A uniquely shaped strip (transfer layer 20) is present inside the scrim tube 24 which helps move the fluid to the core (the main storage area 18). This provides for some of the pad's capacity, and serves to absorb any fluid trapped in the fibers which fill the absorbent scrim tube. In a preferred embodiment, this is a piece of absorbent wet laid tissue material with a pore size network much smaller than the surrounding tissue. The surrounding tissue typically has a pore size network of about 100 microns, whereas the wet laid material has a pore size network of about 25-35 microns. The wet laid material has smaller capillaries than the air laid material so that the fluid tends to move from larger capillaries to the smaller ones which provides the mechanism of fluid transport to the storage area. In addition, such a strip will have a hydrophilic contact angle which is much smaller than the surrounding fiber (i.e. 35° as compared to 89-91°). The strip is placed within the hydroentangled scrim tube to provide a channel for the fluid. This laminated material transports the fluid from the scrim, the introduction site, to the storage core of the pad where it can be stored. The shaped strip is preferably a wet laid material known as CPN. "CPN" as used herein is made as disclosed in U.S. Pat. No. 5,334,289 to Trokhan et al. The CPN inside of the scrim could be arranged in such a way so as to collect the fluid from the scrim and surrounding fibers and transmit it to the storage part of the core. An additional layer of CPN added between the core and the backsheet will prevent bunching of the absorbent article. FIG. 2(a)-2(c) show several cross-sections of FIG. 1 in accordance with several embodiments of the present invention showing only the core 16. In particular, several alternative transfer layer 20 portions of the core are shown. These CPN shapes include, but are not limited to, a laminate spike as shown in FIG. 2(a). In this embodiment, the transfer layer 20 consists of a spike of laminate 52, protruding into the fiber-filled 26 scrim 24. In FIG. 2(b) the transfer layer is continuous. A layer of formed-film transfer layer 20 is attached to the scrim 24 which is filled with fibers 26. An "I"-shaped laminate of transfer layer is shown in FIG. 2(c) in which the CPN laminate 60 is shaped like the letter I and protrudes into the fiber-filled 26 scrim 24 part of the core 50". This is the most preferred shape for transfer layer 20 since it utilizes advantages of both of the two aforementioned designs.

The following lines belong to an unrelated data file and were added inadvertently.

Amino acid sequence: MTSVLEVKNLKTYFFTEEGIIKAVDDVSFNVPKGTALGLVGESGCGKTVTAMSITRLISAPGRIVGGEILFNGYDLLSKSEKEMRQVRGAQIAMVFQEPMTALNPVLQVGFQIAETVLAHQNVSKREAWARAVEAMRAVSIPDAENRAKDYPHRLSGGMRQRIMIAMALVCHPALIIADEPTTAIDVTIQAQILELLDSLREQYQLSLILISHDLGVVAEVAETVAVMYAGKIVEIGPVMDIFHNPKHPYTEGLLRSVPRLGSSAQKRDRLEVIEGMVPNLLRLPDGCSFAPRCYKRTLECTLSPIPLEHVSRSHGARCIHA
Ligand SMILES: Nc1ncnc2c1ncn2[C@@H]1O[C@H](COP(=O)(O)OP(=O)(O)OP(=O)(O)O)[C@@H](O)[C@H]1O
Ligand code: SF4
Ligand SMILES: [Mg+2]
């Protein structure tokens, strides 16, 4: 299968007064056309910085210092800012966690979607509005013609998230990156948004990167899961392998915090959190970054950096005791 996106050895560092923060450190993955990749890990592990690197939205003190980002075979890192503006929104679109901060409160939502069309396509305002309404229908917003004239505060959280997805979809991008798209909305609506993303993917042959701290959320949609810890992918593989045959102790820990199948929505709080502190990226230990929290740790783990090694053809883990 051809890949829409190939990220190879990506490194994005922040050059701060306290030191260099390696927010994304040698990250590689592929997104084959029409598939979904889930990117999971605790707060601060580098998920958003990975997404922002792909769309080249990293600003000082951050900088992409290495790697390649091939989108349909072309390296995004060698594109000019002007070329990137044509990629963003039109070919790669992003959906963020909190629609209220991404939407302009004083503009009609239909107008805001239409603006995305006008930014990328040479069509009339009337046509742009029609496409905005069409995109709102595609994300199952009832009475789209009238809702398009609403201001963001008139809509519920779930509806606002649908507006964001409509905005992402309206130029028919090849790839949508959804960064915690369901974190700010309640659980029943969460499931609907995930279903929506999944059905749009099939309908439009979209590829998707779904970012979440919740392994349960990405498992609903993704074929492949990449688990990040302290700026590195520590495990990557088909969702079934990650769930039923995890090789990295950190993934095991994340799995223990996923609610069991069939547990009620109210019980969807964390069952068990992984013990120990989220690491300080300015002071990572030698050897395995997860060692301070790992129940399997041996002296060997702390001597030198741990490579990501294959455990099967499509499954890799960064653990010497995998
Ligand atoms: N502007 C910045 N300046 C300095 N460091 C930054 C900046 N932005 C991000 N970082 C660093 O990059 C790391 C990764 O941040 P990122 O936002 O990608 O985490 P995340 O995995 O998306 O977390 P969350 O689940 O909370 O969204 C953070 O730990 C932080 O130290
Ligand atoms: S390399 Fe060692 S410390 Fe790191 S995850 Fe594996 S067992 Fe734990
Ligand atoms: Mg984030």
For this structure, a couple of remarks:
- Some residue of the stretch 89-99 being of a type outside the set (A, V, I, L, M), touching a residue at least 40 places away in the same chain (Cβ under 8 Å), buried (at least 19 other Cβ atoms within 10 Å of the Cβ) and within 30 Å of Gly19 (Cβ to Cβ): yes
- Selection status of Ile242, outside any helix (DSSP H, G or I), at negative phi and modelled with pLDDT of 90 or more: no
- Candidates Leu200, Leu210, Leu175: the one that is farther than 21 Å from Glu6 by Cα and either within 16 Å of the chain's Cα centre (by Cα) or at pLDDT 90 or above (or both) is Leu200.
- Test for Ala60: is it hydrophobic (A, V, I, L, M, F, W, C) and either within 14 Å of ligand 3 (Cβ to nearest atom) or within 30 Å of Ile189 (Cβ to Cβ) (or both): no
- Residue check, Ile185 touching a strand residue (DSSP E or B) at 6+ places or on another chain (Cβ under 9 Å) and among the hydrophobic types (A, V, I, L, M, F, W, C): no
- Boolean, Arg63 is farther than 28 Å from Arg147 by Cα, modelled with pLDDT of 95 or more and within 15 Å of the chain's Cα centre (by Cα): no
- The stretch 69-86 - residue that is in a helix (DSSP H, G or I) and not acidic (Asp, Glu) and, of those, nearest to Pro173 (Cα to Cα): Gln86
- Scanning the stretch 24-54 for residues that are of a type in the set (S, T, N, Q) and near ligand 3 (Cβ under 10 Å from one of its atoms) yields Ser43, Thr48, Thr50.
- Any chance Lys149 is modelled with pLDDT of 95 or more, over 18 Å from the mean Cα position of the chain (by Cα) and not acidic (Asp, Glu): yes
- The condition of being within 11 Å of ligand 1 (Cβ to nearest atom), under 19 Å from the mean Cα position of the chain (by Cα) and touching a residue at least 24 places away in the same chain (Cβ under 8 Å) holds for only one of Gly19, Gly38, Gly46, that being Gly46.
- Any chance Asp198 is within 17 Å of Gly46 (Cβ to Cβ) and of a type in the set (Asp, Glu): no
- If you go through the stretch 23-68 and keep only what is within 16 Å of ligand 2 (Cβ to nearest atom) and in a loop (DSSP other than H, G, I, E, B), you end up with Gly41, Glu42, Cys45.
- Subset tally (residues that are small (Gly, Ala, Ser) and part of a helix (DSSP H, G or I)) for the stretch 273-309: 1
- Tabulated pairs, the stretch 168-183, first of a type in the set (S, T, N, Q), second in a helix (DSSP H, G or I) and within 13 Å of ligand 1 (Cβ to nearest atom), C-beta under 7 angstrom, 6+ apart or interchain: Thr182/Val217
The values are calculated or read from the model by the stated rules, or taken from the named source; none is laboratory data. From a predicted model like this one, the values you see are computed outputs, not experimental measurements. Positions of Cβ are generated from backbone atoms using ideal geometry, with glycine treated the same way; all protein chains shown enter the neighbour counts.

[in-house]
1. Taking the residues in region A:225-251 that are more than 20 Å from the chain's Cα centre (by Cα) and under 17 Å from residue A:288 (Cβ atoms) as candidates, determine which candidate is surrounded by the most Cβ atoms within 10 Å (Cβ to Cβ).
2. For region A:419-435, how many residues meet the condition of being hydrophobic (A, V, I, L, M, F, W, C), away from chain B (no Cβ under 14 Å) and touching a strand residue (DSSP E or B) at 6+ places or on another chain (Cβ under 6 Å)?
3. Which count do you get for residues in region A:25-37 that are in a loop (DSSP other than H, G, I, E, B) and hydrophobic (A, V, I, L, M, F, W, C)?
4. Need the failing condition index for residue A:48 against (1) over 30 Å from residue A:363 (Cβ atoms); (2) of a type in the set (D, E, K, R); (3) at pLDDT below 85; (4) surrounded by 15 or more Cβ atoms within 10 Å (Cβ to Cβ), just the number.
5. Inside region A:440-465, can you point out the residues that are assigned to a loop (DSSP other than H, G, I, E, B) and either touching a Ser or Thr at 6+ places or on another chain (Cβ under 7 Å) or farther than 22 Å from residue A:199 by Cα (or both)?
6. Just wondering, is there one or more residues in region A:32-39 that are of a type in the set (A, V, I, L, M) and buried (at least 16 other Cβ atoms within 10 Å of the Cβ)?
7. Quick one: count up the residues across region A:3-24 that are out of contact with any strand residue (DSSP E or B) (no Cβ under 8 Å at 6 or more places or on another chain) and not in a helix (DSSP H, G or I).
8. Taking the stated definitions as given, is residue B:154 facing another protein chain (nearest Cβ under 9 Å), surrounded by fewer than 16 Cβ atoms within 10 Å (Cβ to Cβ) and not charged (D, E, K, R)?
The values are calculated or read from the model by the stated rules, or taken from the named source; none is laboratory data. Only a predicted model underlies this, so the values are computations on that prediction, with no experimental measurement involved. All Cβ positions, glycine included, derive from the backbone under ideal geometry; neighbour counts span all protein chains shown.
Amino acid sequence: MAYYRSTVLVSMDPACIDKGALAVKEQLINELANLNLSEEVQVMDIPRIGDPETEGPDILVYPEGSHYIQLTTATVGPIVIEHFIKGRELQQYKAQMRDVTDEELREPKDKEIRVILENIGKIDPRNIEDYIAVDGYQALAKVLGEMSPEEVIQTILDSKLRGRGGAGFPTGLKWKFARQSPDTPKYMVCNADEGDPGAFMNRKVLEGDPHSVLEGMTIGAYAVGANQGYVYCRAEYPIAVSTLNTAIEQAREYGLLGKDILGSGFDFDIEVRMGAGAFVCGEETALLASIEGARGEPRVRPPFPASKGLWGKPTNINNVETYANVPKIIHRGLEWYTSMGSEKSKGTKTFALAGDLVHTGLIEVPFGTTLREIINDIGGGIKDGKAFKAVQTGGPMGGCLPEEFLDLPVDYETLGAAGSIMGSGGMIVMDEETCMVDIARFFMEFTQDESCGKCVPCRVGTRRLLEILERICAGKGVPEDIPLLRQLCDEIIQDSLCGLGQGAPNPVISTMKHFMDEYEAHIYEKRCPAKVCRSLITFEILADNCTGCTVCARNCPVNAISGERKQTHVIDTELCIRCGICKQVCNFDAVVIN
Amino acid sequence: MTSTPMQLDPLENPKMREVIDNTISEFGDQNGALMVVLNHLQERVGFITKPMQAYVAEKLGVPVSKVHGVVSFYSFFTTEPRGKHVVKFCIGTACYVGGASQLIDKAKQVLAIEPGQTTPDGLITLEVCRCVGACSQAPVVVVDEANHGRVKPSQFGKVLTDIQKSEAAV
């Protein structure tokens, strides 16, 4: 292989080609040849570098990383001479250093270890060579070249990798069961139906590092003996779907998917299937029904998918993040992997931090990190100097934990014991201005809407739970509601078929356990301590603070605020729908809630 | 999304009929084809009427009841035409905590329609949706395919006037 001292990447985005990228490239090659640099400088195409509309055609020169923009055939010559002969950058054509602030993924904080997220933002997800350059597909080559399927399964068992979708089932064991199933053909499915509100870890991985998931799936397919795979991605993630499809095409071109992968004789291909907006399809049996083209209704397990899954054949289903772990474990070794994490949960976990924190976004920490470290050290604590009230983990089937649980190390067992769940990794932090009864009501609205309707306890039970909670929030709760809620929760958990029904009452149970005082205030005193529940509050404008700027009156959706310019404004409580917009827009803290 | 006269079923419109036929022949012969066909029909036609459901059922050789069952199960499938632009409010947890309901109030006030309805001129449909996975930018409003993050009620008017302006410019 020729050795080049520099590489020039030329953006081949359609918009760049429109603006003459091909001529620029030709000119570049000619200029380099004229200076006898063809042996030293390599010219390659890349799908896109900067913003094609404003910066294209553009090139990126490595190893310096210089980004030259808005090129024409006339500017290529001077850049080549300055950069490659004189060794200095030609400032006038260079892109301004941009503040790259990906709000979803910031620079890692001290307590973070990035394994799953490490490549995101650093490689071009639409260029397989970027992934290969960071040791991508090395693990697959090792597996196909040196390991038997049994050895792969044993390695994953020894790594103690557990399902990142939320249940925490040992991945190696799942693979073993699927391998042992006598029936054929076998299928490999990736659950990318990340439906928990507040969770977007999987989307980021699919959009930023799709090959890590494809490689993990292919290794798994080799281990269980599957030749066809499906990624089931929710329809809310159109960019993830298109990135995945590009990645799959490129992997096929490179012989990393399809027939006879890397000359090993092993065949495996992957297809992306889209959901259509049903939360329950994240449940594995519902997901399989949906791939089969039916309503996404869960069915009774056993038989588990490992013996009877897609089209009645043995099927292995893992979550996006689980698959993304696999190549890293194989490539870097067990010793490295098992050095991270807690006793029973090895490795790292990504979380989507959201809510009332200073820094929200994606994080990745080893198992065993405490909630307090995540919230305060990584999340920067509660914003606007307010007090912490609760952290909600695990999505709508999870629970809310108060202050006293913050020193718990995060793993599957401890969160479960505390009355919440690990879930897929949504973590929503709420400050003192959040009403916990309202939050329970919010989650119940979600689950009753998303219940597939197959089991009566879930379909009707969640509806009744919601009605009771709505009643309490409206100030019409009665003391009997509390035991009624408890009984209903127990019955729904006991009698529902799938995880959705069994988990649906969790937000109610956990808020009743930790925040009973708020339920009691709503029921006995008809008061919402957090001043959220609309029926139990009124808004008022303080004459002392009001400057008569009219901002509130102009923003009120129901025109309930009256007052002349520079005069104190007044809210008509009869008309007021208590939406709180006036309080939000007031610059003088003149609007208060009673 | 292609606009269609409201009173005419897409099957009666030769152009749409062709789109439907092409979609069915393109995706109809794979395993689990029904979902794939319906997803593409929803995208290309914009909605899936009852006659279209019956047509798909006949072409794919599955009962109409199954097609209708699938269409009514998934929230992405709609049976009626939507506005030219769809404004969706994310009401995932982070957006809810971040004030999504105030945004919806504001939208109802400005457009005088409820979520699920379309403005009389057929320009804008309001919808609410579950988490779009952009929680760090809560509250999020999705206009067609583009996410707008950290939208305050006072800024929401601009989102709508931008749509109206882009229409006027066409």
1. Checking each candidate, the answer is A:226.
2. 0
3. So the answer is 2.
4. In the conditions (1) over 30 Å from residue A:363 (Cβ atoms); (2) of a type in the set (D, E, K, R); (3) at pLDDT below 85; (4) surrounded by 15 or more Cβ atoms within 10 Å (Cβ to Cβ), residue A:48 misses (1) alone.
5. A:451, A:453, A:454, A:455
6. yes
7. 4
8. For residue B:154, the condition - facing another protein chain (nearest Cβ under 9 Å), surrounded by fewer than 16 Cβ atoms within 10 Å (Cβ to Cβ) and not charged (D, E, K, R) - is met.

The CPN tissue material used in the tube may be substituted by a variety of small pore size flexible absorbent and wicking materials having an average pore size of 40-50 microns under 25 psi of pressure such as meltblown, wetlaid, cross-linked cellulose fibers such as those described in U.S. Pat. No. 5,217,445 to Young et al., or others. Any of these materials may or may not be laminated with superabsorbant material. The fibers that surround the absorbent gelling core laminate in the tube are used to provide a cushiony fit, making the product even more flexible and adaptable to the contours of the body.
The storage part of the core 18 is an air laid laminate of AGM encapsulates on an air laid tissue. As an alternative, you can put a small amount of superabsorbant in the transfer layer in the CPN portion. However, this amount must be less than 10% of the total amount in the storage layer, so that the swelling of the superabsorbant does not interfere with the transfer of the fluid. The storage layer is airlaid or preferably wet laid material having a basis weight between 25-35 pounds/ream. It is folded upon itself and includes AGM encapsulates inside. The total capacity of such a layer is between 5-15 grams per gram, optionally, as shown in FIG. 3, the AGM is not incorporated into the entire area of the storage core 18. Since the majority of fluid flow reaches the center of the layer 18, it is desirable for the fluid to be held more evenly distributed within the storage layer. By having the AGM 28 only on the periphery of the layer, more fluid will flow to the outer regions for enhanced capacity of the storage layer.
It is known that a thinner pad provides greater comfort. Because of the high fluid capacity of this product, material could be removed from the core without sacrificing protection. Either the absorbent gelling material content could be lowered, or the number of core layers could be reduced. Exemplary materials for use in the core include thin absorbent materials, such as 1) an 18 grams per square yard (21.5 g/m2) spun bonded polypropylene non-woven material known as CELESTRA available from Fiberweb, North America of Simpsonville, S.C., which is then embossed with the pattern described in U.S. Pat. No. 4,781,710 issued to Megison et al.; 2) a non-woven material with a thermally bonded polypropylene fibers such as the carded thermally bonded polypropylene non-woven web having a basis weight of 23 grams per square yard, available from Veratec, which is then embossed with the pattern described in U.S. Pat. No. 4,781,710 to Megison et al.; 3) meltblown polyethylene, 4) polypropylene, or 5) a wet laid tissue made as disclosed in U.S. Pat. No. 5,334,289 to Trokhan et al.(CPN) could be attached to the polymer backsheet.